He hands me his phone again and I barely get to read the first two or three lines and I feel something is changing dramatically in the atmosphere. I look up and ask if he is OK. I feel a sort of agitation and very ample movement, like spinning. In the beginning it feels like the tension preceding an earthquake, but then the movement is much more erratic, not only vertical and horizontal, but more chaotic on account of what I perceive as fear of letting go, of losing control. He is clearly affected by something and is struggling to keep it all together. I remain calm and ask the question again. He answers in Turkish, gets up in a rush, spilling the water glasses on the table and over his phone, a few drops landing on my trousers.

The waiter comes and accompanies him to the exit. Before getting out, he looks back at me and makes a reassuring gesture with his hand, telling me to relax, stay there and wait. And I remain calm, wipe the water off his phone with a tissue and continue reading the beautiful poem, wondering if I can find it in my book as my mind makes the connection between these lines, in which Rumi’s asking Shams not to leave him, and my complaints about his absence as I was visiting his tomb.

When he returns, he has washed his face and it’s wet and he keeps apologizing.

“It is first time, never happened to me before, I don’t know what this is, maybe tension, I don’t know, I have anxiety. I am sorry.”

“Have some water”, I advise him smiling calmly. I want to squeeze his hand and help him get down on the ground again, but at this point I don’t. I am just witnessing. And I have no doubt that nothing is wrong.

“Let’s go”, he says, “when I stay here my head is spinning again.”

“OK. Let’s get out of here, the air will be good. You are OK.”

“Daniela, I am so sorry. I am sorry. Daniela… Daniela… Where is my car?”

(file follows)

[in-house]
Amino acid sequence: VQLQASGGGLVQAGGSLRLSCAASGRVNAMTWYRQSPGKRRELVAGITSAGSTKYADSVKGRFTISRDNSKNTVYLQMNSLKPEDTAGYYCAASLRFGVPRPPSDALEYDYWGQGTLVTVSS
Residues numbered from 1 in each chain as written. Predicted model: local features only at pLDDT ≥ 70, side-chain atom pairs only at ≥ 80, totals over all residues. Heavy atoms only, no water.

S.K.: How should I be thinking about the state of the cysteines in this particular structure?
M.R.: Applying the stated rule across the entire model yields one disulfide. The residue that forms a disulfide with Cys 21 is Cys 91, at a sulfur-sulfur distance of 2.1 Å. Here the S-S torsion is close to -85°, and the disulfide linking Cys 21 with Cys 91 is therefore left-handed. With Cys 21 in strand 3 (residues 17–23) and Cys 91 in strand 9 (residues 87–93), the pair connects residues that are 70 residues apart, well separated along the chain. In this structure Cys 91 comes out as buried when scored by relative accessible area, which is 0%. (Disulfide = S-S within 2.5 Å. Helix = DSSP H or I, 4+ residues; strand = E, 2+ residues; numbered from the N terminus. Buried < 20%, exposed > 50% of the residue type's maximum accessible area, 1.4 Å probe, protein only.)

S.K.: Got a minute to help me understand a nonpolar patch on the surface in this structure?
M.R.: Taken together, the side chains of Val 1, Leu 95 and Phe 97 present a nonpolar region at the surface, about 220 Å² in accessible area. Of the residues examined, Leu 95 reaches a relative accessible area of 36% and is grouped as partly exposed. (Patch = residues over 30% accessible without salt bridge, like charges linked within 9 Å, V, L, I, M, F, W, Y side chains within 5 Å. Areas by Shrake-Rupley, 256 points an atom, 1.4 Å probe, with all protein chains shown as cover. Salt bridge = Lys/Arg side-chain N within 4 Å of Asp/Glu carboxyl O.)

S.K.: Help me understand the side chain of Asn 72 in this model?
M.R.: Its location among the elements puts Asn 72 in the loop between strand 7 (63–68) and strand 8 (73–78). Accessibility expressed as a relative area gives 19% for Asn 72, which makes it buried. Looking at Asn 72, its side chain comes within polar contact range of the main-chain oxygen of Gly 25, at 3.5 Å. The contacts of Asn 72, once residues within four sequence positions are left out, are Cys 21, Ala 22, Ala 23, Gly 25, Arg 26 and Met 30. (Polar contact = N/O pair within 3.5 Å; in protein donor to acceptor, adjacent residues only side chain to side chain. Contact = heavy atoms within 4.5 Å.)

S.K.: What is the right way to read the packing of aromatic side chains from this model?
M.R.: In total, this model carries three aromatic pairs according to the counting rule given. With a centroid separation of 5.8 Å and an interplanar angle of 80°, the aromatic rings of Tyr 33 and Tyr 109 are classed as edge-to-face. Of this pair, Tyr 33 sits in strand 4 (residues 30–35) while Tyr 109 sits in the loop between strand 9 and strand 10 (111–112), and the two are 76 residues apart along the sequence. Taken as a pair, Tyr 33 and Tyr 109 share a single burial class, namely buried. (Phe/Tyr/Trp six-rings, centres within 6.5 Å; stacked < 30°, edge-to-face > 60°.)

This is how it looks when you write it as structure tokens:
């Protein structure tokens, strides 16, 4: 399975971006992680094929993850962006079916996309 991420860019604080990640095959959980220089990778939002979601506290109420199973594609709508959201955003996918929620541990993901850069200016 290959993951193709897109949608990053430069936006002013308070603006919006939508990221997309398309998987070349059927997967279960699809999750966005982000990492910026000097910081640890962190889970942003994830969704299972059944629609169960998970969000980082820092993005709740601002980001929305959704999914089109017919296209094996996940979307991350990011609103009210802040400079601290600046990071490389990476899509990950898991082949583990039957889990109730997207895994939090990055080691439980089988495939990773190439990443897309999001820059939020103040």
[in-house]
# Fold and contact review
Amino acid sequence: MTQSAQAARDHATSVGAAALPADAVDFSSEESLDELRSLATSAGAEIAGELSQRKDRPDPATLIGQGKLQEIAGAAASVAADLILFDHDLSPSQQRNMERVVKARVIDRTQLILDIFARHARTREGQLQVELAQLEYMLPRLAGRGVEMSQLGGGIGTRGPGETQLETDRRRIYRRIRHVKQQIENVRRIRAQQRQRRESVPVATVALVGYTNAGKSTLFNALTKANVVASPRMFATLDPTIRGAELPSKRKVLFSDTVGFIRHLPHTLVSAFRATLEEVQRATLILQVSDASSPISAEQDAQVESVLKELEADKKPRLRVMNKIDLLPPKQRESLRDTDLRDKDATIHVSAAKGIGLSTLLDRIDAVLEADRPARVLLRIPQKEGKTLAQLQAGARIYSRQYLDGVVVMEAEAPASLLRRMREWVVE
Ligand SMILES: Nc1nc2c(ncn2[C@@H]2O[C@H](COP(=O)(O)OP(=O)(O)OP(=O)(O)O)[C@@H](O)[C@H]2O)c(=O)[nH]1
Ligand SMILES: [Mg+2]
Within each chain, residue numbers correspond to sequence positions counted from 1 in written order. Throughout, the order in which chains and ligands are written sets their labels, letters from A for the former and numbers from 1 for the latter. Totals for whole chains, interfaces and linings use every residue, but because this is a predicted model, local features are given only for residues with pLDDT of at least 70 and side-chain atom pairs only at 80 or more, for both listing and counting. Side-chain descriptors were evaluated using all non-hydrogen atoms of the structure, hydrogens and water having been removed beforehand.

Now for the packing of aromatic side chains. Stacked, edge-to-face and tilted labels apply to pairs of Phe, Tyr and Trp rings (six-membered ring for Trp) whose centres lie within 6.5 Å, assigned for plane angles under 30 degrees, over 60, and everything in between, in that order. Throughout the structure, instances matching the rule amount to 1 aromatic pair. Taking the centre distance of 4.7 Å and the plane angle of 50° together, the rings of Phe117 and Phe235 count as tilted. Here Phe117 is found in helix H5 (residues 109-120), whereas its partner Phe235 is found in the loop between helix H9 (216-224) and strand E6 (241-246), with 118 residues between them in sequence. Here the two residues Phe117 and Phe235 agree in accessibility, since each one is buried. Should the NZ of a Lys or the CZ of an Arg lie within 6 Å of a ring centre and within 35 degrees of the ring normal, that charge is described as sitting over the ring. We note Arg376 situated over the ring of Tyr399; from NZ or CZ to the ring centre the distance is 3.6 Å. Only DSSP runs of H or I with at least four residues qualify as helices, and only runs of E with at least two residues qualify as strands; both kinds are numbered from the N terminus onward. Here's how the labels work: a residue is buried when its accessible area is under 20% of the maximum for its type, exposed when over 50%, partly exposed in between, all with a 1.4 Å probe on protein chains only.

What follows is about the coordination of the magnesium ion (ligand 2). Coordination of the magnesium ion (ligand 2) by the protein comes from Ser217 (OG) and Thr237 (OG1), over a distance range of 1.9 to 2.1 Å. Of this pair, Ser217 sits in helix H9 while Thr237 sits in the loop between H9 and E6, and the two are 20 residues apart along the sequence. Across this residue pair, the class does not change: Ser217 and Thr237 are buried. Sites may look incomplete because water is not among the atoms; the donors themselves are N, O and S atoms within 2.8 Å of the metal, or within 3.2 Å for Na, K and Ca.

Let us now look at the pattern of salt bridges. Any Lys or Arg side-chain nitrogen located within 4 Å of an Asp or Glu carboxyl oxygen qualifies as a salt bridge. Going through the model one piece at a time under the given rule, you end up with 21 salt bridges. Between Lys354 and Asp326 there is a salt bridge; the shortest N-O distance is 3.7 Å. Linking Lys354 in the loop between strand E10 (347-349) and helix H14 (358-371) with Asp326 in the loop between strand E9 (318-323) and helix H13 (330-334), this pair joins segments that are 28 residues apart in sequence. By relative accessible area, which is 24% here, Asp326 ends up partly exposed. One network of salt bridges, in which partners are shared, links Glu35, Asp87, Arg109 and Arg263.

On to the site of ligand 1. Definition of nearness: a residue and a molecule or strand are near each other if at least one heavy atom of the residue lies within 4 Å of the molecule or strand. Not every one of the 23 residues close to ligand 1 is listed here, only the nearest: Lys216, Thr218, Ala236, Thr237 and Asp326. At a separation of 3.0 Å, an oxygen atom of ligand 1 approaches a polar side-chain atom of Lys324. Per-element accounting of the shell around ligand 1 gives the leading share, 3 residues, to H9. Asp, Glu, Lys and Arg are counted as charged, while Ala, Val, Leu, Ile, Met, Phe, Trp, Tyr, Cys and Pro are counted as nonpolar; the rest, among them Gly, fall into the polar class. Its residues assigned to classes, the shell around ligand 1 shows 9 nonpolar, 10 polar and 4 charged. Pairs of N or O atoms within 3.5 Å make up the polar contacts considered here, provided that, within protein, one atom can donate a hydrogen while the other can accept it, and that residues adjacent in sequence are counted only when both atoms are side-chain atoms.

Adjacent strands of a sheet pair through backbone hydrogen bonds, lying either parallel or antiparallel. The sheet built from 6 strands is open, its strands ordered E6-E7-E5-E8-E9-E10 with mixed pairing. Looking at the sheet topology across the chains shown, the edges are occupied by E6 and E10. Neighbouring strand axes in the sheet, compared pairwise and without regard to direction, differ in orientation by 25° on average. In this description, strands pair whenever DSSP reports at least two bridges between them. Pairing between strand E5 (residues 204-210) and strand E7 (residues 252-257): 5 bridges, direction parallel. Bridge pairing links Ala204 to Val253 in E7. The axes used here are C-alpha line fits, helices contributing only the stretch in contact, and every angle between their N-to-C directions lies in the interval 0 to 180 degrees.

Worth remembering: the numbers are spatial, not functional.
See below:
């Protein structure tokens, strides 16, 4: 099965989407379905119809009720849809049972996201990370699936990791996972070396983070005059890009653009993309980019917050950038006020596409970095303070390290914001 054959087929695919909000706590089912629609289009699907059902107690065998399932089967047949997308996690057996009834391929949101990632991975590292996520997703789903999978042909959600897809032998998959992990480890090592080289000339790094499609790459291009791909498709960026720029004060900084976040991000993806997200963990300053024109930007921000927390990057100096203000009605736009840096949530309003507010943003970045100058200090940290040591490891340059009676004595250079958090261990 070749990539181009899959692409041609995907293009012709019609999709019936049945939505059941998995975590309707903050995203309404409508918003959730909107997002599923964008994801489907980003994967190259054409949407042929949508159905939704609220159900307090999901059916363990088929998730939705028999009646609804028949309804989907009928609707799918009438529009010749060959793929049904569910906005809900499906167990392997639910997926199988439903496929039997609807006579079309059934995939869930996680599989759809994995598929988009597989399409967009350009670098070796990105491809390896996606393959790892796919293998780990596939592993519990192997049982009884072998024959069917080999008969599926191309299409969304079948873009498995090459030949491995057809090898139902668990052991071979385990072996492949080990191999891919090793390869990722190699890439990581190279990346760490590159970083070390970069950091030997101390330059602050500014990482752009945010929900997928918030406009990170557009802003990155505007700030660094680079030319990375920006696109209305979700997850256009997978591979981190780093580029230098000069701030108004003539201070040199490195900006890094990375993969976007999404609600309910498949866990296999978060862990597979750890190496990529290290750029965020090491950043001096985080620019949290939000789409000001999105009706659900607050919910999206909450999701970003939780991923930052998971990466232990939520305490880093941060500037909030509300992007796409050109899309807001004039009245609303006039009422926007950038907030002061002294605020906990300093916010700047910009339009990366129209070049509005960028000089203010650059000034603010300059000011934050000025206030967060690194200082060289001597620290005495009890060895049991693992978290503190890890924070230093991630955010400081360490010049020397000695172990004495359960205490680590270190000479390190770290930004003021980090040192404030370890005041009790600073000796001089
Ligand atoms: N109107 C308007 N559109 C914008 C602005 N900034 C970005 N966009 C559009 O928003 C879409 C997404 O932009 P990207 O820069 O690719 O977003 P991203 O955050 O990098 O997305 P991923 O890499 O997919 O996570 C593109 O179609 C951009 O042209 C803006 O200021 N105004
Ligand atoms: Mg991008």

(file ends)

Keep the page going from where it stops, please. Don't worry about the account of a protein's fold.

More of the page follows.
“It is in the back, let’s go this way.”

“It never happened before.”

“You haven’t met me before”, I reply and make him laugh so now he is more relaxed.

” Where is the car?” he asks again.

 “Where is my head?” I reply.

“Where are we? Who am I?” he continues and we laugh.

Having exchanged contact information, he now drops me off at the airport, complaining about my heavy suitcase as he is carrying it inside.

“Sorry, it’s not a Turkish guy”, I tell him so we laugh again.

konya airport

As I continue working on my blog post after the security check, I lean back in the chair at the boarding gate and rejoice in the silent and relaxed atmosphere of the Konyan airport.

konyan airport

The guy at the security check even insisted I should keep my water bottle. All my previous tension is history now and the atmosphere has either cleared or I cannot be bothered by its heaviness anymore. When I get in my seat on the plane, I start feeling the same rose smell as in the Mevlana museum and Shams’ mosque. Suddenly, I hear a girl at my back say in a British accent:

“It is your destiny, you can’t escape it.”

The weather is perfect and taking off makes me a bit high, as it always does, and I enjoy it like an addict taking a dose of his drug. On board service soon starts and everyone is relaxed, no one talks loudly, we smile to one another and I take pictures of the sky. It looks like a snow covered field, making me dream up plans about this winter.

flying above the cluds

“Istanbul”, I turn and say it to the big girl on my right as we have come down through the thick layer of cotton above the city. And I purposely stress the ‘a’ and add some air around it before I allow the other sounds of the name to slip out on the water slide my tongue curves into.


“Istanbul”, she repeats returning my smile.

“Guzel”, I add, this time stressing the ‘e’ like licking a lolly pop.

“Cok guzel”, she corrects me, her face lit up by an even warmer smile.

At passport control in Istanbul, with a big smile on my face and the rose perfume still in my nose, I get to this desk where a guy with a purple right eye checks my passport. And I think it is just too funny a coincidence and can’t help laughing and pointing to my purple right eye.

“Merhaba! We both have a purple right eye, look!” I say and close mine so he can have a better look.

He listens and takes out his pistol from his waist to show me how he got it, explaining everything in Turkish. Then I tell him about the bike crash, but I am not sure he gets it.

” Daniela… Daniela… Daniela… I am not handsome, Daniela…” he adds, composing the beginning lines of his first elegy.

We wish each other the best, like two brothers in arms and then I catch a glimpse of the most beautiful red sunset before it takes me almost one hour to walk through the entrails of the huge airport from the quiet domestic arrivals to the busy international departures, where I struggle to find a WiFi  connection.

red sunset

             attaturk airport international departures